Julie Unruh
I shall change the order of things

I shall change the order of things, 1.222- 223

Silverpoint and white ink on prepared ground on found paper

20" x 13"

Translation of the cuneiform: "[…] … I shall change the order of things, [the one] born in the wild is mighty, he has strength."

The image is of microscopic bacteria called cyanobacteria. It is believed that due to the metabolic activity of cyanobacteria 2300 million years ago, the earth's atmosphere gained free oxygen, making life possible. Cyanobacteria have survived every ice age, the K/T extinction event, the world-changing volcanic eruption on bronze age Thera, and other catastrophic natural disasters. They have been found living in places where no other life exists, including in Antarctica.

In the story of Gilgamesh, these are the words of Enkidu. He died first – was he strong? – but his death made the second half of the story happen, changing the order of things.


This series of 10 drawings is based on the ancient Mesopotamian story of Gilgamesh. "Gilgamesh" appears on cuneiform tablets (an ancient form of writing on clay) dating to about 2000 B.C.E. It relates an epic journey made by the King of Uruk, Gilgamesh, and his friend, Enkidu. The story is also about what is and is not eternal and significant. These 10 drawings, like the story, are about permanence versus transience, and about trying to determine what is important and what is inconsequential.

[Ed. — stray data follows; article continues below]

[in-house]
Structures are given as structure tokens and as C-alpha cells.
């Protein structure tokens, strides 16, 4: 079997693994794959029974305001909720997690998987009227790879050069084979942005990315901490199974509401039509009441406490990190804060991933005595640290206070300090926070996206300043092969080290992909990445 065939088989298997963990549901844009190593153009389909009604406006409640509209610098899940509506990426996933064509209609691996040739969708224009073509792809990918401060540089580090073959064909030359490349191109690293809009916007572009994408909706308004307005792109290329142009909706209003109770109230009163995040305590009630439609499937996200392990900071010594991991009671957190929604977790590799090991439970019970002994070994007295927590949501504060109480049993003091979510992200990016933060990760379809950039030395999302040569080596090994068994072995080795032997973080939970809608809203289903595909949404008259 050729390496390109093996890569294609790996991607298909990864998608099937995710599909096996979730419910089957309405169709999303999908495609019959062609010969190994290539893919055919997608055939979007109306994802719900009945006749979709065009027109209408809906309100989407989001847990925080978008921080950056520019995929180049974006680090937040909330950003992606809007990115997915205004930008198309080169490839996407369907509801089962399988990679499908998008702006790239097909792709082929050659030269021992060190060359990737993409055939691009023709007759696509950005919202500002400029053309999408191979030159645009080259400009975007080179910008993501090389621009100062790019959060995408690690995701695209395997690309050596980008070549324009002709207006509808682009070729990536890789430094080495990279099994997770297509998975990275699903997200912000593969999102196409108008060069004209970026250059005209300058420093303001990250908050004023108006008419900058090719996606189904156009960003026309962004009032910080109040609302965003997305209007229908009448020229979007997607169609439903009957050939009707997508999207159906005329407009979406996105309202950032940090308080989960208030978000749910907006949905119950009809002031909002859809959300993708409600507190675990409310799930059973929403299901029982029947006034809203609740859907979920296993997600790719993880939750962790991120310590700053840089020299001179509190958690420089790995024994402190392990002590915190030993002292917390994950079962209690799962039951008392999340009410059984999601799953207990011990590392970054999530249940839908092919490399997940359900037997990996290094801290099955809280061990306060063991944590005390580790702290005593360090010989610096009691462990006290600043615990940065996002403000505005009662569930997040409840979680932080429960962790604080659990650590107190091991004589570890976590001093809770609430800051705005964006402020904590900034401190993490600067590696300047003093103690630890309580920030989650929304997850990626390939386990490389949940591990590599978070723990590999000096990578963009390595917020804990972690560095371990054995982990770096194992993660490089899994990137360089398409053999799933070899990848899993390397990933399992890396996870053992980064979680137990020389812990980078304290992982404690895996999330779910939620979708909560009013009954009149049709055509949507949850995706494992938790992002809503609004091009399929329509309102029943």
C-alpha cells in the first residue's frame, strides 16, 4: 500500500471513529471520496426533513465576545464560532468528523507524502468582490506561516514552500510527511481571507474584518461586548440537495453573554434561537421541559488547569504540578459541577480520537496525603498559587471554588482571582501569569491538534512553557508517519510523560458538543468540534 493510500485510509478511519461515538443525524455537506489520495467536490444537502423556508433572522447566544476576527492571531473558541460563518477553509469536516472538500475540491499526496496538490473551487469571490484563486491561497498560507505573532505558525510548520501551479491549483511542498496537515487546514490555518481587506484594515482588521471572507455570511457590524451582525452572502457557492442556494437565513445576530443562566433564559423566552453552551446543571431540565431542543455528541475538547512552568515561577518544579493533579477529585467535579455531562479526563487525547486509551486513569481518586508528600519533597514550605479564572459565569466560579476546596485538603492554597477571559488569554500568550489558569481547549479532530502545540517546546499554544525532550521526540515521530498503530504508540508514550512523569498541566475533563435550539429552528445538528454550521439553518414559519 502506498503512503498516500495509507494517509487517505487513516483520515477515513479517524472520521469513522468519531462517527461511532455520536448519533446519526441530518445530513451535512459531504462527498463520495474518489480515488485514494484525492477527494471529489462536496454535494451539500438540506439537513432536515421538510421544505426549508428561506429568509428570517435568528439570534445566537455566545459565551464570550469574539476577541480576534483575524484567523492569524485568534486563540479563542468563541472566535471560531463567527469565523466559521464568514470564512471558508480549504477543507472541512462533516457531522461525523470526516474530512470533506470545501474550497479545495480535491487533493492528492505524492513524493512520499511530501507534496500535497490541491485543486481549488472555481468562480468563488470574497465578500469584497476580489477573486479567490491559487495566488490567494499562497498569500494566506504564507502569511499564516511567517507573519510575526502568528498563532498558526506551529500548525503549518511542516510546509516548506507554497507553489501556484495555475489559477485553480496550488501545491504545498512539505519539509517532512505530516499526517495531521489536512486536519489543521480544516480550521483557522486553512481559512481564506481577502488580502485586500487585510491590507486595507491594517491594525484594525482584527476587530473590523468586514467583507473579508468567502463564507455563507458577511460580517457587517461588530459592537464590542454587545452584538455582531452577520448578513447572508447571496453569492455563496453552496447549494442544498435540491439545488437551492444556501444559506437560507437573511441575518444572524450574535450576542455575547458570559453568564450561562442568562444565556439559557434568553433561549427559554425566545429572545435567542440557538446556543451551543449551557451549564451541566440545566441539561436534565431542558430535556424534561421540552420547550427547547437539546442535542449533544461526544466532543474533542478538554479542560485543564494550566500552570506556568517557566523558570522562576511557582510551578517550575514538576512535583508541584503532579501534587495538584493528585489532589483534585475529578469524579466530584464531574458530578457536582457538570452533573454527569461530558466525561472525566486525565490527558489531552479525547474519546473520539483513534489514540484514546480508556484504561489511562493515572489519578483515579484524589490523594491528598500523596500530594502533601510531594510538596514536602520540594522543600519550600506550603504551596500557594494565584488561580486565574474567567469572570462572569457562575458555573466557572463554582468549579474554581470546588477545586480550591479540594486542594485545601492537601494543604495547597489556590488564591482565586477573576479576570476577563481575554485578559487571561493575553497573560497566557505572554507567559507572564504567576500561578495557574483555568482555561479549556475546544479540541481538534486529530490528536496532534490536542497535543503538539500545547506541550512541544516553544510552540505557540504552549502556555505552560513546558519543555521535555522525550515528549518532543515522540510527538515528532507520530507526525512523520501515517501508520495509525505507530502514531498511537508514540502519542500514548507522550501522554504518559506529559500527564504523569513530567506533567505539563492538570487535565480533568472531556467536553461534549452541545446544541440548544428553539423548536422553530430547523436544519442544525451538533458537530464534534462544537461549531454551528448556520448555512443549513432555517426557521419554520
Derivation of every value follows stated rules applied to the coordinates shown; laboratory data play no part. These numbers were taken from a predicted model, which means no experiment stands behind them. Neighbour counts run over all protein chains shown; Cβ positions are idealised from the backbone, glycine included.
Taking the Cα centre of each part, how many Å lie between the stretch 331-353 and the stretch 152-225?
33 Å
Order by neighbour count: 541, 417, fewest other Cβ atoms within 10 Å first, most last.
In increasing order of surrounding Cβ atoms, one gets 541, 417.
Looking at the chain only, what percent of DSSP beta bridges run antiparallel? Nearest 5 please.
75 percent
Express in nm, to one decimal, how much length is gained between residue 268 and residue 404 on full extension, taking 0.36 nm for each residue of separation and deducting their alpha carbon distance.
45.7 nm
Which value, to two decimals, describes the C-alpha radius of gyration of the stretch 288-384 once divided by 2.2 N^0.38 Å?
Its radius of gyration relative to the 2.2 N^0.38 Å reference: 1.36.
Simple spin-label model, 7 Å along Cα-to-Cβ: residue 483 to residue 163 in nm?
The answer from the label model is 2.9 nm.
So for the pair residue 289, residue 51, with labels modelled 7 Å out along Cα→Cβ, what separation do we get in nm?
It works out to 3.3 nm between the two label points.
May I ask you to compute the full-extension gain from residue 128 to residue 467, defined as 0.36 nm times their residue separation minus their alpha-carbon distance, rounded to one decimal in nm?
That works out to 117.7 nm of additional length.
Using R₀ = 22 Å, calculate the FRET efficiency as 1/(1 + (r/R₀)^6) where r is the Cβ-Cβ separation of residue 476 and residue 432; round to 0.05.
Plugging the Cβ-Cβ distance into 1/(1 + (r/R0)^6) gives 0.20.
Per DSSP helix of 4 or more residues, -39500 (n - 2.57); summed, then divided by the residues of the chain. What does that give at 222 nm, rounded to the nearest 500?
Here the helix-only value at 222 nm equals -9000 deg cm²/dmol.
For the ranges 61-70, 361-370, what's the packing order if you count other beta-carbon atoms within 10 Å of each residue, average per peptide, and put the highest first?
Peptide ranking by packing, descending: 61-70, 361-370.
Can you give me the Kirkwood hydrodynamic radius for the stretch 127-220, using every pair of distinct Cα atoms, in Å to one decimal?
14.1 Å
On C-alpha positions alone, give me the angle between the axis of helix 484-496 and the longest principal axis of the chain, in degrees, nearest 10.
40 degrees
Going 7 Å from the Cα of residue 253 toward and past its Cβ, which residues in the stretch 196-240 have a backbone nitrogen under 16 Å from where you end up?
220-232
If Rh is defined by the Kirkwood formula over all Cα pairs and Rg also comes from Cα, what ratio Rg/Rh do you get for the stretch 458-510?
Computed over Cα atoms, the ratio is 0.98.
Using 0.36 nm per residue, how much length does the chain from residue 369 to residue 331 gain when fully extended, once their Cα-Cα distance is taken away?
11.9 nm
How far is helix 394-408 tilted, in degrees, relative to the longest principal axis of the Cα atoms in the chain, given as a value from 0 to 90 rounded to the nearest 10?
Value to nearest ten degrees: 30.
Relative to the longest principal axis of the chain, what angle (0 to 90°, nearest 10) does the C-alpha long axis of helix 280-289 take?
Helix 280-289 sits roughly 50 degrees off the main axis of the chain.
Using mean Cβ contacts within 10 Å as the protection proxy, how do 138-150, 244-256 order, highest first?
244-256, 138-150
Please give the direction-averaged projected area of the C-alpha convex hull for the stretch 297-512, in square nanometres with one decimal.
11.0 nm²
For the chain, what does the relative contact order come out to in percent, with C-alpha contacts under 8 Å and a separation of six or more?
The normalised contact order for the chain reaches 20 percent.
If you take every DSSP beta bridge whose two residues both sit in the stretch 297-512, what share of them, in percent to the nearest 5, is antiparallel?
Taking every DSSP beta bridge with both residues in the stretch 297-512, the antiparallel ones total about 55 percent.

The drawing substrate - paper bags - comment on disposability and value. Like excavated archaeological material (most of which is ancient refuse), when the paper bags are put into a different context, their significance changes. Also like excavated archaeological material, the paper bags will deteriorate over time. In this way, the drawings are like the ancient tablets on which the story of Gilgamesh was written.

All of the drawings in this series are made by drawing with sharpened silver or copper wire. The lines are created by transfered metal particles, which means that the drawings themselves will tarnish with time, like archaeological objects.